Tonsillar CD56brightNKG2A+ NK cells restrict primary Epstein-Barr virus infection in B cells via IFN-γ
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Aurelia Jud1, Monika Kotur1, Christoph Berger1,2, Claudine Gysin3, David Nadal1,2,*, Anna Lünemann1,*
1Children’s Research Center, University Children’s Hospital, Experimental Infectious Diseases and Cancer Research, Zurich, Switzerland
2Division of Infectious Diseases, and Children’s Research Center, University Children’s Hospital Zurich, Zurich, Switzerland
3Children’s Research Center, University Children’s Hospital, ENT Clinic, Zurich, Switzerland
*These authors contributed equally to this work
Anna Lünemann, email: firstname.lastname@example.org
Keywords: natural killer cells, epstein barr virus, interferon gamma, secondary lymphoid organs, B cells
Received: October 11, 2016 Accepted: December 13, 2016 Published: December 20, 2016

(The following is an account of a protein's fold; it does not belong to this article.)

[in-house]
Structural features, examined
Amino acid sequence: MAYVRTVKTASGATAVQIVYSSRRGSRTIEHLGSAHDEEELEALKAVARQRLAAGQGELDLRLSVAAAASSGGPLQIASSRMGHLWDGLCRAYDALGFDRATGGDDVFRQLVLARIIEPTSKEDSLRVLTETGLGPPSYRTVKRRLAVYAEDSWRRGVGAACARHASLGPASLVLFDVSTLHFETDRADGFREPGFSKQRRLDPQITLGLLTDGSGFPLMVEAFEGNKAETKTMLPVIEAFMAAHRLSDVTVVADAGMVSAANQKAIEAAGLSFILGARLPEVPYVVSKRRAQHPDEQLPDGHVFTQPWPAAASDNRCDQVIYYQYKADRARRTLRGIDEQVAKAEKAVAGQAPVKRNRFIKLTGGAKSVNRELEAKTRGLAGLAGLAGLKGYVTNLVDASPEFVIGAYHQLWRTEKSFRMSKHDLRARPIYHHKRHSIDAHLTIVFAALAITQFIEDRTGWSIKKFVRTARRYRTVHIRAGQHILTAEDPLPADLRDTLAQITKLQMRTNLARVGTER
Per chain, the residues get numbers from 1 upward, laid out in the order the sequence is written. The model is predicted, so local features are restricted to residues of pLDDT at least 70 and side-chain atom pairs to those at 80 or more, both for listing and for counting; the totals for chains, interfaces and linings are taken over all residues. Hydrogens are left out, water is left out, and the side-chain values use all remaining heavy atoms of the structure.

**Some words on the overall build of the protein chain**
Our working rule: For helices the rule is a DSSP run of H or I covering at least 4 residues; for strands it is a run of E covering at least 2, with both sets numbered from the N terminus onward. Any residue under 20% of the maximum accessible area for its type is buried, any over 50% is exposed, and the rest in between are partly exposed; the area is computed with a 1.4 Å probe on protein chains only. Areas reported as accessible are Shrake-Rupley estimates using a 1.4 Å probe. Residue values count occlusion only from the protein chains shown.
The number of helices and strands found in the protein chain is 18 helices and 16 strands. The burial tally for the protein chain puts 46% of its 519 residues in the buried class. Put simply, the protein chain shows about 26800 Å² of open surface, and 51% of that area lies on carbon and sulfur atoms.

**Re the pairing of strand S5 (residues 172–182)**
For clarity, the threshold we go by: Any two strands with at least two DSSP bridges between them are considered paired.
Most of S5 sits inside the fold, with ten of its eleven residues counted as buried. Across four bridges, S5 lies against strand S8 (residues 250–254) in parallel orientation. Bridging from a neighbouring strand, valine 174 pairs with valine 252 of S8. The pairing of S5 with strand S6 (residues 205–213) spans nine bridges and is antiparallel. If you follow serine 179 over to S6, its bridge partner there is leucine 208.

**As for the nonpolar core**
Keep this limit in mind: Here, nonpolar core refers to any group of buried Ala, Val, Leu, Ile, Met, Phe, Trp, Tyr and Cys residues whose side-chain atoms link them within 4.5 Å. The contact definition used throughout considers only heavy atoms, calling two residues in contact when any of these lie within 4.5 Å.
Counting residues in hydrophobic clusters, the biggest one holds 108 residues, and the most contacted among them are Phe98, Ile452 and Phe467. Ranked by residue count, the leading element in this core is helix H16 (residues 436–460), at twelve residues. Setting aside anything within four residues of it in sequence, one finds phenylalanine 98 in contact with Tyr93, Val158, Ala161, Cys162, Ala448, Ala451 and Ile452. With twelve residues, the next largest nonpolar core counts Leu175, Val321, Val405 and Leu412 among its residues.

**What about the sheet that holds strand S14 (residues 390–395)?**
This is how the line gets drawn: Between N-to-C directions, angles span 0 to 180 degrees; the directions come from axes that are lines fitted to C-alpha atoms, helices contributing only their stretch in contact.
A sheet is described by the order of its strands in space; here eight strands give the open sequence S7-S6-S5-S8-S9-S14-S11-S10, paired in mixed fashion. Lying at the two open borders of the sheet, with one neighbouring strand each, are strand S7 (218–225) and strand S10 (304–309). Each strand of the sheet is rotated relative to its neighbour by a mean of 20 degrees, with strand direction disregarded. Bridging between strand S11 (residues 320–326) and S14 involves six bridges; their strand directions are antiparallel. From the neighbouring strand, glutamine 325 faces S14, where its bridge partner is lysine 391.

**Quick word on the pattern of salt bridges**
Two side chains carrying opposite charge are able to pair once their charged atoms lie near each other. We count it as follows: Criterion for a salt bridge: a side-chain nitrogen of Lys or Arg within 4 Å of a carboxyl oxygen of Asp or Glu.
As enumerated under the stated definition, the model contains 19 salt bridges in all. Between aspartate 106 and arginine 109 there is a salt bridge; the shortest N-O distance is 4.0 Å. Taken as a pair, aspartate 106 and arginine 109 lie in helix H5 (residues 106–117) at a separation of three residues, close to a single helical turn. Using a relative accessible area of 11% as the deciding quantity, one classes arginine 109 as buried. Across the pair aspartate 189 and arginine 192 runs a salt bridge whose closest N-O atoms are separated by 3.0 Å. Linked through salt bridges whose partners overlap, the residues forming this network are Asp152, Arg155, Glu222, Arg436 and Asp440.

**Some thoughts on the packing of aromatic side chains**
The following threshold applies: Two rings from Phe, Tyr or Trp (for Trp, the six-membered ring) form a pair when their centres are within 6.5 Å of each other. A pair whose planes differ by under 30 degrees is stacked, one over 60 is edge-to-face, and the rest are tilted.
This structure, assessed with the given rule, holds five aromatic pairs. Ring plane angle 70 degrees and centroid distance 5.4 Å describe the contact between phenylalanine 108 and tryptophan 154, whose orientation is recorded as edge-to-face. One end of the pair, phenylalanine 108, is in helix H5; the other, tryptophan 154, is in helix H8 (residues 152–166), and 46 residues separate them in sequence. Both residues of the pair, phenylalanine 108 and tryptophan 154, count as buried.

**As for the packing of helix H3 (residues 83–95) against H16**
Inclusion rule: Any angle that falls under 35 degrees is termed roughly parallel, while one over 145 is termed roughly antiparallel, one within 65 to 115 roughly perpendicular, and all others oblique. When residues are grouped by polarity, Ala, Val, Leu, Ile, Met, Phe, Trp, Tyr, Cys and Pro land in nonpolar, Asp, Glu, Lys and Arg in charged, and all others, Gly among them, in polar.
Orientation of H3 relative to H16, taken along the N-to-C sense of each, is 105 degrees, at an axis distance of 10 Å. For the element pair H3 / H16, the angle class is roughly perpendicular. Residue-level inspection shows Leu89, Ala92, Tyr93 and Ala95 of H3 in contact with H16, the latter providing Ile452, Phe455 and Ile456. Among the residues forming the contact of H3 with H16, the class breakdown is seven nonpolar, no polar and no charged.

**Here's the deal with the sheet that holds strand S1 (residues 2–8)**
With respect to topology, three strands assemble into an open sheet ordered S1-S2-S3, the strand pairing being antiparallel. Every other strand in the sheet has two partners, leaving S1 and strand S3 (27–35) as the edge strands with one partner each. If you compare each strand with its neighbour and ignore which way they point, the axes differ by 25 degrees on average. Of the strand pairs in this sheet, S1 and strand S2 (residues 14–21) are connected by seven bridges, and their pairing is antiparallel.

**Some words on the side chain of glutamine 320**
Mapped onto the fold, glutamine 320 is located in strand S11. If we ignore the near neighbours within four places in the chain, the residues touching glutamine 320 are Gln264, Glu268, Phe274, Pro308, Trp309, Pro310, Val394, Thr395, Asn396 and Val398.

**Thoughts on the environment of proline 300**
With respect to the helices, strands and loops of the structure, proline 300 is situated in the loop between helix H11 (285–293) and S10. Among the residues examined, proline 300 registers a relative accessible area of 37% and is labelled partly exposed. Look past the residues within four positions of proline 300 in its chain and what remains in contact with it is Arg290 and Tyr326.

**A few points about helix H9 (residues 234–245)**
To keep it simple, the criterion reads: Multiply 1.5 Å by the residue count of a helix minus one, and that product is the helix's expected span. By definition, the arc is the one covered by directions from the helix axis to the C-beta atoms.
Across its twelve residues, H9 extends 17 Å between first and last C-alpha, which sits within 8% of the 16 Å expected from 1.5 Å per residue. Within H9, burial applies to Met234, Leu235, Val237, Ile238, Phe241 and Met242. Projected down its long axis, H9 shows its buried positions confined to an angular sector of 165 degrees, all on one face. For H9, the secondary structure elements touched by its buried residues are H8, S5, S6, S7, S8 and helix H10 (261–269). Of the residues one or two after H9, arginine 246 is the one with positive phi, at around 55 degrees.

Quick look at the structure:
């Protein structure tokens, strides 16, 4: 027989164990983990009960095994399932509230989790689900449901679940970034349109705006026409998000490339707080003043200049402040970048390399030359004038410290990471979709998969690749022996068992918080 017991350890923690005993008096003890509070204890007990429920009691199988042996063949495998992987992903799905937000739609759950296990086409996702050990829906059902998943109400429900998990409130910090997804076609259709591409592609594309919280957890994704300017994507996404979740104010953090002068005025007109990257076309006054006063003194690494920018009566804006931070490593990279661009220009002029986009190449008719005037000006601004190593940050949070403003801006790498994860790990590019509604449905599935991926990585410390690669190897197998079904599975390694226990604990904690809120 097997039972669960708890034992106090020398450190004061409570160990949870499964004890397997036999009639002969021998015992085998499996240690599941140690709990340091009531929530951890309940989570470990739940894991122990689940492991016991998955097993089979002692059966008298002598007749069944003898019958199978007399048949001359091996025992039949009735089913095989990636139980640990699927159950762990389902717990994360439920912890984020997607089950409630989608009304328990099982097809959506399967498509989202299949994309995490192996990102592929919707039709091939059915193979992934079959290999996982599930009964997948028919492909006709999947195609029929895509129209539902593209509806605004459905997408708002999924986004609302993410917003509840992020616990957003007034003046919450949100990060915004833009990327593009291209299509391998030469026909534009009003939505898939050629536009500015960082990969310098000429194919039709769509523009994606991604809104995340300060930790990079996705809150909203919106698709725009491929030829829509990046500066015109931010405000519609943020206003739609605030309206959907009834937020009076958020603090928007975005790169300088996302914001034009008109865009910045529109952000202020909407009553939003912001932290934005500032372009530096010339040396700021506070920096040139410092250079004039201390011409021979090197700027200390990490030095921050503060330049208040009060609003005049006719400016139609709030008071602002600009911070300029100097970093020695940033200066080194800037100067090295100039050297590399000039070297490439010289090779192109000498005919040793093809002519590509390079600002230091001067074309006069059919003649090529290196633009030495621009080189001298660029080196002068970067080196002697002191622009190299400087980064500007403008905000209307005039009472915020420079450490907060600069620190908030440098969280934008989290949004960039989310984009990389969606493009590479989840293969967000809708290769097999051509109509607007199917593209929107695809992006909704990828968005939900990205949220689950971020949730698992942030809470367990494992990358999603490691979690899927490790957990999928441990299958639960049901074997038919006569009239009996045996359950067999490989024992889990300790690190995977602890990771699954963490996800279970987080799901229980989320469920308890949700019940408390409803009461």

Natural killer (NK) cells constitute the first line of defense against viruses and cancers cells. Epstein–Barr virus (EBV) was the first human virus to be directly implicated in carcinogenesis, and EBV infection is associated with a broad spectrum of B cell lymphomas. How NK cells restrict EBV-associated oncogenesis is not understood. Here, we investigated the efficacies and mechanisms of distinct NK cell subsets from tonsils, the portal of entry of EBV, in limiting EBV infection in naïve, germinal center-associated and memory B cells. We found that CD56bright and NKG2A expression sufficiently characterizes the potent anti-EBV capacity of tonsillar NK cells. We observed restriction of EBV infection in B cells as early as 18 hours after infection. The restriction was most efficient in naïve B cells and germinal center-associated B cells, the B cell subsets that exhibited highest susceptibility to EBV infection in vitro. IFN-γ release by and partially NKp44 engagement of CD56bright and NKG2A positive NK cells mediated the restriction that eventually inhibited B-cell transformation. Thus, harnessing CD56brightNKG2A+ NK cell function might be promising to improve treatment strategies that target EBV-associated B cell lymphomas.
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